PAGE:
Legien, Carl (1861-1920), was born in Marienburg, Prussia, and raised at an orphanage in nearby Thorn. He apprenticed to a woodcarver at the age of fourteen. After three years of compulsory military service and two years as a. traveling journeyman, Legien settled in Hamburg and joined the local union of woodcarvers in 1886. He was elected president of the Vereinigung der Drechsler Deutschlands (Union of German Woodcarvers) at its founding in 1887. In 1890 he stepped down from this office to become secretary of the newly founded Generalkommission der Gewerkschaften Deutschlands (General Commission of German Trade Unions). He led this organization (from 1919, the Allgemeiner Deutscher Gewerkschaftsbund [General German Federation of Trade Unions]) until his death and edited its official journal, the Correspondenzblatt, from 1891 to 1900. A member of the Sozialdemokratische Partei Deutschlands (Social Democratic Party of Germany), Legien served as a socialist deputy in the Reichstag from 1893 to 1898 and from 1903 until his death. He was instrumental in integrating the concerns of the German union movement into the political program of the Sozialdemokratische Partei. Legien helped inaugurate the meetings of the International Secretariat of the National Centers of Trade Unions in 1901 and served as secretary of this organization (from 1913, the International Federation of Trade Unions) from 1903 to 1919. (Photo)

Lennon, John Brown (1850-1923), was born in Wisconsin, raised in Hannibal, Mo., and moved to Denver in 1869 where he helped organize both a local tailors' union and the Denver Trades Assembly. He later moved to New York City and then to Bloomington, Ill. He served the Tailors (from 1883, the Journeymen Tailors' National Union of the United States; and from 1889, the Journeymen Tailors' Union of America) as president (1884-85), as a member of the executive board (1885-87), and as secretary and editor of the union's official journal (1887-1910). He was treasurer of the AFL from 1891 to 1917, served on the U.S. Commission on Industrial Relations (1913-15), and was a Commissioner of Conciliation for the U.S. Department of Labor from 1918 through at least 1920.

Lewis, John Llewellyn (1880-1969), born in Cleveland, Iowa, was a founding member and secretary in 1901 of United Mine Workers of America 1933 of Chariton, Iowa. After traveling in the West, where he worked as a coal and hardrock miner, he returned to Iowa in 1905, resuming work in the mines and starting an unsuccessful grain and feed distribution business. In 1908 Lewis moved to Illinois, where he served as president of United Mine Workers' local 1475 of Panama (1909?-11?) and as legislative agent for United Mine Workers' District 12 (Illinois; 1909-11). He was a salaried organizer for the AFL from 1911 to 1917, when he was named chief statistician for the United Mine Workers. He was appointed acting vice-president of the union in 1917 and was elected to that post in 1918. Named acting president of the union in 1919, he was elected to that office in 1920 and held the position until he retired in 1960. Lewis served as a member of the AFL Executive Council in 1935 but resigned toward the end of that year. He founded the Committee for Industrial Organization in 1935 and served as its chairman until 1938, and he was a founder of the CIO in 1938, serving as its president from 1938 to 1940. (Photo)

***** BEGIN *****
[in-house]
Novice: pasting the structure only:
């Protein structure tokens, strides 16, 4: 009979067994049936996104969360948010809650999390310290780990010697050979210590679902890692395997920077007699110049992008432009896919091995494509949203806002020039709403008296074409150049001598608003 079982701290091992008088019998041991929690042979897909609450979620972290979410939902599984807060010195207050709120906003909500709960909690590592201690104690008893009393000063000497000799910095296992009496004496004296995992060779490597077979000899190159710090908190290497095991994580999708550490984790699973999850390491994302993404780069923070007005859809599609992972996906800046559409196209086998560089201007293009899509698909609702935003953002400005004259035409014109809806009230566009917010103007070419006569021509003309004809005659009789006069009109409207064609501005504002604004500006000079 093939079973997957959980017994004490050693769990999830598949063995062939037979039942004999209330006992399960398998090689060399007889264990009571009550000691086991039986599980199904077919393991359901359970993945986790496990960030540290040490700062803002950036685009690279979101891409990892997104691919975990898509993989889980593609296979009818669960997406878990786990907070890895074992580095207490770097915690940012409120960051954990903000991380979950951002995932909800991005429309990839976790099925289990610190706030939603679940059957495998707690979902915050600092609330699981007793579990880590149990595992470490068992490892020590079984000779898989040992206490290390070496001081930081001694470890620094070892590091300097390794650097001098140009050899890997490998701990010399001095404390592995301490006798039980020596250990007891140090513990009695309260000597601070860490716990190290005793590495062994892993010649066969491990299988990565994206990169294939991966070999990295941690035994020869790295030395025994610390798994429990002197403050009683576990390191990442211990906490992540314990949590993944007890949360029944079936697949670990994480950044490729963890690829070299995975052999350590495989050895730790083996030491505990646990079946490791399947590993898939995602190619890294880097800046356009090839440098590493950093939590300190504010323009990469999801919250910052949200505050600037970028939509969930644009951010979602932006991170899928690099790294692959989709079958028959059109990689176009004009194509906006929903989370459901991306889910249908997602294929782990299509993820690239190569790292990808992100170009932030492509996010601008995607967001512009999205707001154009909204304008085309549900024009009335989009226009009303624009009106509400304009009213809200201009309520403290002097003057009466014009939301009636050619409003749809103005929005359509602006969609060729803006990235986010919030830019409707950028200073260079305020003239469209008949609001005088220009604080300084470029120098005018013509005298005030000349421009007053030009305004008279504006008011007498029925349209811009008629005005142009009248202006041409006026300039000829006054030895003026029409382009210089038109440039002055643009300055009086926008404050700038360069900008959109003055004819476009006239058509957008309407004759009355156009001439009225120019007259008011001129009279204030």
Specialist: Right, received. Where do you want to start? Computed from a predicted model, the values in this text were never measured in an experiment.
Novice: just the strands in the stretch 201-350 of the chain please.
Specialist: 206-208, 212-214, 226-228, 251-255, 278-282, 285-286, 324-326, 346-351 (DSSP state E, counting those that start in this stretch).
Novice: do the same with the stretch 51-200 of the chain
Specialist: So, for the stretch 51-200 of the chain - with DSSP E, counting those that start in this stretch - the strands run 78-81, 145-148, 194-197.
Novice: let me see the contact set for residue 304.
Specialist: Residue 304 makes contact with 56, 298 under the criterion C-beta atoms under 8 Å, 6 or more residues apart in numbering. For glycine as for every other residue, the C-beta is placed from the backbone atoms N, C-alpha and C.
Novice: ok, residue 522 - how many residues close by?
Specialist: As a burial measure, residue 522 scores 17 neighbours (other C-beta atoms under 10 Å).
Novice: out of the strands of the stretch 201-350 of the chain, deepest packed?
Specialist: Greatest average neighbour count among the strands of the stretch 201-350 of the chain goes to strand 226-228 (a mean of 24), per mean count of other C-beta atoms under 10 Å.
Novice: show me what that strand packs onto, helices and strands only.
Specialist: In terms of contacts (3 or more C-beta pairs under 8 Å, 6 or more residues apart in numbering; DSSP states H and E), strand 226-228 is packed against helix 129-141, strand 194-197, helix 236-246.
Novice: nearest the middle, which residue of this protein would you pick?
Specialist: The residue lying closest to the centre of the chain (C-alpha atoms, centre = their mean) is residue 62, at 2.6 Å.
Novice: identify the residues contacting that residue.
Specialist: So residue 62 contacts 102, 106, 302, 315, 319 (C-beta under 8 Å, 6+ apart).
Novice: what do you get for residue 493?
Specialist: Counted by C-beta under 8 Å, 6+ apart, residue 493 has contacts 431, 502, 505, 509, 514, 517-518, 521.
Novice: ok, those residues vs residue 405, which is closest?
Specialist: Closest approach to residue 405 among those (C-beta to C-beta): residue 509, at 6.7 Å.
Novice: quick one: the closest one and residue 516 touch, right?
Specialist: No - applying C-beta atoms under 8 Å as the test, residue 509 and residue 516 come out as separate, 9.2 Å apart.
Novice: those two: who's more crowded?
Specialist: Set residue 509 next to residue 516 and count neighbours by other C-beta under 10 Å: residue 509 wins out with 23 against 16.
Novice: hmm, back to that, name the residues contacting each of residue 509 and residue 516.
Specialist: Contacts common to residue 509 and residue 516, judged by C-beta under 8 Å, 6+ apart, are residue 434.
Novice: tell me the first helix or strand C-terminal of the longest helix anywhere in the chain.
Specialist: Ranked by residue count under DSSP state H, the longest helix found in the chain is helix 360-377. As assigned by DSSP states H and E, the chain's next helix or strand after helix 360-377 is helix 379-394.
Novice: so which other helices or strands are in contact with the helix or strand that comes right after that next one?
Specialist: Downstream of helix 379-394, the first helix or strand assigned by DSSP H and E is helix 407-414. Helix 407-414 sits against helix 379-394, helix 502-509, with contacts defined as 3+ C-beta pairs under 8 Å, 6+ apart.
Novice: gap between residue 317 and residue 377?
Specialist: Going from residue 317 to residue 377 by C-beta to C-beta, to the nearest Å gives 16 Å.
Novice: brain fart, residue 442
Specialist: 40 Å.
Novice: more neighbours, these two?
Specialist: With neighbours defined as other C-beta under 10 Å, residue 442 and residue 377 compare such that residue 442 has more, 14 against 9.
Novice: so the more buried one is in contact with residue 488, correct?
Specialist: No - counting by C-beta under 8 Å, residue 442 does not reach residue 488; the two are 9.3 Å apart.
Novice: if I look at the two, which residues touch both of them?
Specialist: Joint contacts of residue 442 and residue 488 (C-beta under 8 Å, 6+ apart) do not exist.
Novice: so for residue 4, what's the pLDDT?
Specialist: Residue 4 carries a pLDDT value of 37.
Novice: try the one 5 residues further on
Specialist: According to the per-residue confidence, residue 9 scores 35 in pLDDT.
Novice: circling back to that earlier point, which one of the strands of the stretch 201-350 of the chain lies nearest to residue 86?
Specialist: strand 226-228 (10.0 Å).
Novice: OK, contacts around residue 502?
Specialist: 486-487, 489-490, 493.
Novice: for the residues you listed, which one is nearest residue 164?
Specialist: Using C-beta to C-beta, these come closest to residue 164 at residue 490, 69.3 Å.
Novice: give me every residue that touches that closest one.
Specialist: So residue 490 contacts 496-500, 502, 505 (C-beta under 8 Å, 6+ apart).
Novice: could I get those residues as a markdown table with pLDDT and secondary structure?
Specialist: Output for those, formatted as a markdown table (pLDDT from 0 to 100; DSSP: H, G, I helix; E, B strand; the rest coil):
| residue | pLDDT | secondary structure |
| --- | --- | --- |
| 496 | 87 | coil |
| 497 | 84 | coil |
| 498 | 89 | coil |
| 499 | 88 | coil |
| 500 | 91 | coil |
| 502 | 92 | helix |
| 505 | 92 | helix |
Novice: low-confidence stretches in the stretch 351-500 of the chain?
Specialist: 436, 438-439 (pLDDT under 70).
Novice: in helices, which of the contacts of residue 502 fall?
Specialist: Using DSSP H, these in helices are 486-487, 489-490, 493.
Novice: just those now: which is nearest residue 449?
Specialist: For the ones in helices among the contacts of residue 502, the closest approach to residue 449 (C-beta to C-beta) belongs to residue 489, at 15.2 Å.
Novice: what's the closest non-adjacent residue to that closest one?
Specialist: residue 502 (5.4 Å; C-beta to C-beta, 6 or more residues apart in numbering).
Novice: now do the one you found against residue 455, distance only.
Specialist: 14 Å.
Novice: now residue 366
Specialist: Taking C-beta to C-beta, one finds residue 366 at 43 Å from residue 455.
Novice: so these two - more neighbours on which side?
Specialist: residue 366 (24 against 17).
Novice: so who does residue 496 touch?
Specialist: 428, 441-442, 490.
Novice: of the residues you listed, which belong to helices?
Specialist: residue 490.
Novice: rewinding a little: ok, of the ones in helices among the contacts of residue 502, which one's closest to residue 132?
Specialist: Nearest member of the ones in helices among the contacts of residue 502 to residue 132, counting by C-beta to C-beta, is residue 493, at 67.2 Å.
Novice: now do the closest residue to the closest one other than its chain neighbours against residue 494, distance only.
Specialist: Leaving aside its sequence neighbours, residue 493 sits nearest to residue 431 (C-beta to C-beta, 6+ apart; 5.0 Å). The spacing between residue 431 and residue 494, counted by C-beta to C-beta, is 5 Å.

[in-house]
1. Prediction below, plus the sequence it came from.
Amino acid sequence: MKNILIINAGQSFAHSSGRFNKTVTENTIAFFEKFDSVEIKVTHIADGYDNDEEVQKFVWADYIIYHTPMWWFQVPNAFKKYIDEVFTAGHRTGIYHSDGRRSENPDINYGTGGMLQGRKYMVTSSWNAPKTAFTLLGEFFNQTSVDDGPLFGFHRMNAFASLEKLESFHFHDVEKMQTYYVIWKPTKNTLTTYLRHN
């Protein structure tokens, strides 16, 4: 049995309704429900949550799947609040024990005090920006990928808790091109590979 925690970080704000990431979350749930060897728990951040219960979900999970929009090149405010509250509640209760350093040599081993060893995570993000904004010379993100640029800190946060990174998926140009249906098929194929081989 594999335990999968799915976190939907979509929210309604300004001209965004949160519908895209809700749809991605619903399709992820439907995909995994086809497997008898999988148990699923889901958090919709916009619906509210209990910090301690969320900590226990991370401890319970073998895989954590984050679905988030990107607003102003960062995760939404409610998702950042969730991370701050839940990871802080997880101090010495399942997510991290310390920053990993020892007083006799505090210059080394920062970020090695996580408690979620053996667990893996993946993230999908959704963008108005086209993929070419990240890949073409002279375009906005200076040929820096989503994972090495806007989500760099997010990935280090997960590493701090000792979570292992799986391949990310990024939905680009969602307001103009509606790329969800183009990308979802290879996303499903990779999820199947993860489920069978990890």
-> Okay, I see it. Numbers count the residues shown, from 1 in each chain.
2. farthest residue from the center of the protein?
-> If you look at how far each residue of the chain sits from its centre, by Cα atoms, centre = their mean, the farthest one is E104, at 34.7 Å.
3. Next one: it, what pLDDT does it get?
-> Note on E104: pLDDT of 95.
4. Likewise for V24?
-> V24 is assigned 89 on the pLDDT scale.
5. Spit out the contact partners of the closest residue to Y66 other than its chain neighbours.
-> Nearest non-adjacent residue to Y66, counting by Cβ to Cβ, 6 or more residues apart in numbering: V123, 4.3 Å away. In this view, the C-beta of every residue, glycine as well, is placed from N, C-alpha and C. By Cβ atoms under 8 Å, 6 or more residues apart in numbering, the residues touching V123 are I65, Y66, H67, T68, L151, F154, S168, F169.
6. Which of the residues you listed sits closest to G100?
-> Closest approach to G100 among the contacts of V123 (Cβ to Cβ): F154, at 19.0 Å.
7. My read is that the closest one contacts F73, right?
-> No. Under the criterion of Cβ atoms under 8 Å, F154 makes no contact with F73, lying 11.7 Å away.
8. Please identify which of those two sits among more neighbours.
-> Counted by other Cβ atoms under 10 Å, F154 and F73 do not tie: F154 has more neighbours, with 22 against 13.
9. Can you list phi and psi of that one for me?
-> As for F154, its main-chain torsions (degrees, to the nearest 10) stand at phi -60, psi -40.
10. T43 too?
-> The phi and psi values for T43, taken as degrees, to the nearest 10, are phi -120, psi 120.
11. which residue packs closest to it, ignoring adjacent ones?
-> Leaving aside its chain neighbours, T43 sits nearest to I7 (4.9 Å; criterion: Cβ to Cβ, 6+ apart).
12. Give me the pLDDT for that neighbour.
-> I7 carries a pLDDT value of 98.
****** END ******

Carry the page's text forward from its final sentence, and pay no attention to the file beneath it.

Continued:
Lynch, James, one of the founders of the Amalgamated Trades and Labor Union of New York and Vicinity (ATLU), its president and later its treasurer, was a New York City carpenter, and a member of the Economic and Sociological Club. He headed the ATLU's special committee appointed to work with the Cigar Makers' International Union in its campaign for a tenement-house bill. During the early 1880s Lynch served as the New York City walking delegate for the United Order of American Carpenters and Joiners and was a delegate to its Grand Council.

McBride, John (1854-1917), the only person to defeat SG for the presidency of the AFL, presided over the formation of the United Mine Workers of America (UMWA) and was its second president. The son of an Ohio miner, he was elected president of the Ohio Miners' Protective Union in 1877 and master workman of KOL District Assembly 38 in 1880, and served as president of the Ohio Miners' Amalgamated Association from 1882 to 1889. In 1885 he was a founder and first president of the National Federation of Miners and Mine Laborers and in 1886 presided over the founding convention of the AFL, declining the Federation's nomination for president. He served as president of the National Progressive Union of Miners and Mine Laborers in 1889 and was a leader in merging that union with KOL National Trade Assembly 135 in 1890 to form the UMWA. He became president of the UMWA in 1892 and served until 1895.

McBride served as a Democrat in the Ohio legislature from 1884 to 1888, was commissioner of the Ohio Bureau of Labor Statistics from 1890 to 1891, and later became active in the populist movement. He was elected president of the AFL over SG in 1894, and narrowly lost to SG the next year. McBride purchased the Columbus Record in 1896, and subsequently pursued various occupations including editor, saloonkeeper, and federal labor conciliator. (Photo)